BY ANDREW BENNEY
Warm weather and sunny skies are often considered a great forecast for summer. But with record high temperatures set around the world, including at Toronto’s Pearson Airport, which had its hottest day in 78 years, it has become too much of a good thing.
This past season saw people scrambling to find an air-conditioned sanctuary or a pool during the seemingly endless heat waves. It saw farmers struggling to grow crops during a vicious drought and towns across southern Ontario forced to place regulations on water usage due to residents needing to care for their lawns so much. This intense dry spell and so much more can be directly attributed to climate change, which human’s greenhouse gases are responsible for.
”It’s never looked uglier in some parts because the grass is pretty well dead and the trees are suffering from a lack of moisture,” Dave Phillips, Environment Canada’s senior climatologist, said in a CBC news article. Meanwhile, as if to emphasize the unnatural order of things, on much of Canada’s west coast, where dryness is often the norm, torrential rains and a higher number of tornadoes were recorded. Phillips called it, “too much weather.”
It’s not pure chance that these ecological problems have begun to affect the world. The massive obsession with materialistic things that grips people has caused them to forget how mankind is part of a larger whole.
People have to learn how to coexist with all other living things and how to properly prepare the world for future generations of humans. As of now all they’ll be receiving is a planet in shambles.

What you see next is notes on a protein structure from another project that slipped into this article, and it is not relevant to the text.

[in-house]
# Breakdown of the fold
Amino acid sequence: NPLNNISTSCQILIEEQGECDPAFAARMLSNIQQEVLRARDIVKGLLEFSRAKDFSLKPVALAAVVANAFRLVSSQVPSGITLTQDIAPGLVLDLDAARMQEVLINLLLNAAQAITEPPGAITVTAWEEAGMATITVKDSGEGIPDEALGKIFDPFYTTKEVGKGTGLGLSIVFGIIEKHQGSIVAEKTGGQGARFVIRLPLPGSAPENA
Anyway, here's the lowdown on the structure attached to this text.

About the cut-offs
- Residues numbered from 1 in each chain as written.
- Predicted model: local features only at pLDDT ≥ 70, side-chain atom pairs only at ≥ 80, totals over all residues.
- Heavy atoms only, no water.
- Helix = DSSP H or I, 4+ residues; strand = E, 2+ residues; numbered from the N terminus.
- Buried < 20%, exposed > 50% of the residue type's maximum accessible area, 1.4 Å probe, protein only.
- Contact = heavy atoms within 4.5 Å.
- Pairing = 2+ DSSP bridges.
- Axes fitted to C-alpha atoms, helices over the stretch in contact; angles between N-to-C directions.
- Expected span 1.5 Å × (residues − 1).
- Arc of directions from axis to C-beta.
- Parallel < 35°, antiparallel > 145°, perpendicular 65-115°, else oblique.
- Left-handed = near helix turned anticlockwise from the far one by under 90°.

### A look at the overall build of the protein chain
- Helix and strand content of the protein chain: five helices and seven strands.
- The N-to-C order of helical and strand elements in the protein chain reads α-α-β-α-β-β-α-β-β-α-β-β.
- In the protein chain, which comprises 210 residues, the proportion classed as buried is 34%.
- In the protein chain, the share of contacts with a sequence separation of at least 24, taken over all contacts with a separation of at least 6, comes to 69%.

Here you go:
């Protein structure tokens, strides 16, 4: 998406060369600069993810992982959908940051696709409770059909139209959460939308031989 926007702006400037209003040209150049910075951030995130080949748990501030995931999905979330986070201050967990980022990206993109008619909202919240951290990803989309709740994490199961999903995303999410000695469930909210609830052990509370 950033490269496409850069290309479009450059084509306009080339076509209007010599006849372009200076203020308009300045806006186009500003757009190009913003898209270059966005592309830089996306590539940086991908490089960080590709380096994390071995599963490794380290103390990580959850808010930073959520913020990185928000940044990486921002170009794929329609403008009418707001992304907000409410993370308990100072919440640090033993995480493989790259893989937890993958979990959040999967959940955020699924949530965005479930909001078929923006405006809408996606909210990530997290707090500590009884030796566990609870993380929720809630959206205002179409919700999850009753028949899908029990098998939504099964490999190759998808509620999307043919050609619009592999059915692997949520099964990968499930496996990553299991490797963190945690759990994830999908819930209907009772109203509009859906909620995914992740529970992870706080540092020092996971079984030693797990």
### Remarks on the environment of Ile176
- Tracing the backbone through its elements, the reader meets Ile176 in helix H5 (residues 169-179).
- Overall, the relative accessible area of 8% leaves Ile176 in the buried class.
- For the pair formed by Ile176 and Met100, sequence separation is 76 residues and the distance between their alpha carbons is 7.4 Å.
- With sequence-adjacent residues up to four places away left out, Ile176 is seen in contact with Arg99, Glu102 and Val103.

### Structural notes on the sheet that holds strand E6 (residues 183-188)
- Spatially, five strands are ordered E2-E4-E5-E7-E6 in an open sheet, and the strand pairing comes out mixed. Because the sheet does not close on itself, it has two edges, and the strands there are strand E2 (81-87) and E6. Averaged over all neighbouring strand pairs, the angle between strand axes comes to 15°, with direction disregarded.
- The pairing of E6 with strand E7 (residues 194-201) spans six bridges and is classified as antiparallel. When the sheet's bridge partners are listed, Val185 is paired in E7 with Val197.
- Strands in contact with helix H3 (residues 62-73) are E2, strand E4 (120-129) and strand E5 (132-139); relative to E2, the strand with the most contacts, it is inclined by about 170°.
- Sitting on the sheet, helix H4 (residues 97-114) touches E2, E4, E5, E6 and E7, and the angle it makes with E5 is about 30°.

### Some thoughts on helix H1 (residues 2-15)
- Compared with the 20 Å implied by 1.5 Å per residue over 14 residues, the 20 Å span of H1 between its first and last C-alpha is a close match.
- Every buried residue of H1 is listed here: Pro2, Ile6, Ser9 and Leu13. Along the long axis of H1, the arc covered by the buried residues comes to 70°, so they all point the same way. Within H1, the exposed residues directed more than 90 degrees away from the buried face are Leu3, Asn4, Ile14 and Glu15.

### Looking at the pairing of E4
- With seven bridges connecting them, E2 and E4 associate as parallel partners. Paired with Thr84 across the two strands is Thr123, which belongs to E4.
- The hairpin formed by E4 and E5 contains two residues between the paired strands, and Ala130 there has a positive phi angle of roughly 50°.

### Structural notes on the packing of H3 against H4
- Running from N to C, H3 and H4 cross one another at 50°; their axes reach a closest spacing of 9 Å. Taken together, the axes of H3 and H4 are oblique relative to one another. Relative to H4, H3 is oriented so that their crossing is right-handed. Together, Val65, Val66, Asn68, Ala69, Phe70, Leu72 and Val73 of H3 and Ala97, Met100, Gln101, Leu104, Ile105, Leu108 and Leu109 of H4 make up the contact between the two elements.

To fix this, societies around the globe would have to fully denounce industrial culture. It would have to be demanded of international governing bodies that a sustainable use of natural resources, regardless of public demand for product, should be put in place.
Earth Overshoot Day (EOD) is the date each year when humanity’s yearly consumption of resources outweighs its ability to reproduce those resources within the same year. This year that date fell on Aug. 8, the earliest ever. This means that during a time when preserving raw materials should take precedence, humans will be using resources that are impossible to replace for 145 days.
Doug Tompkins, cofounder of brands The North Face and Esprit, said in a 2013 article in The Guardian that, “The computer is a mechanism for acceleration. It accelerates economic activity and this is eating up the world. It’s eating up resources, it’s processing, it’s manufacturing, it’s distributing, it’s consuming. That’s what the computer’s real work does and it does that 24/7, 365 days a year, non-stop just to satisfy our own narrow needs.”
It is simply a fact that it is not possible to sustain this type of living for much longer. Drastic change in consumer mentality and a retraction of global support for products or companies that don’t care about their ecological footprint is required. Basically, humanity needs to rethink its priorities. After all, what is technology without a planet to use it on?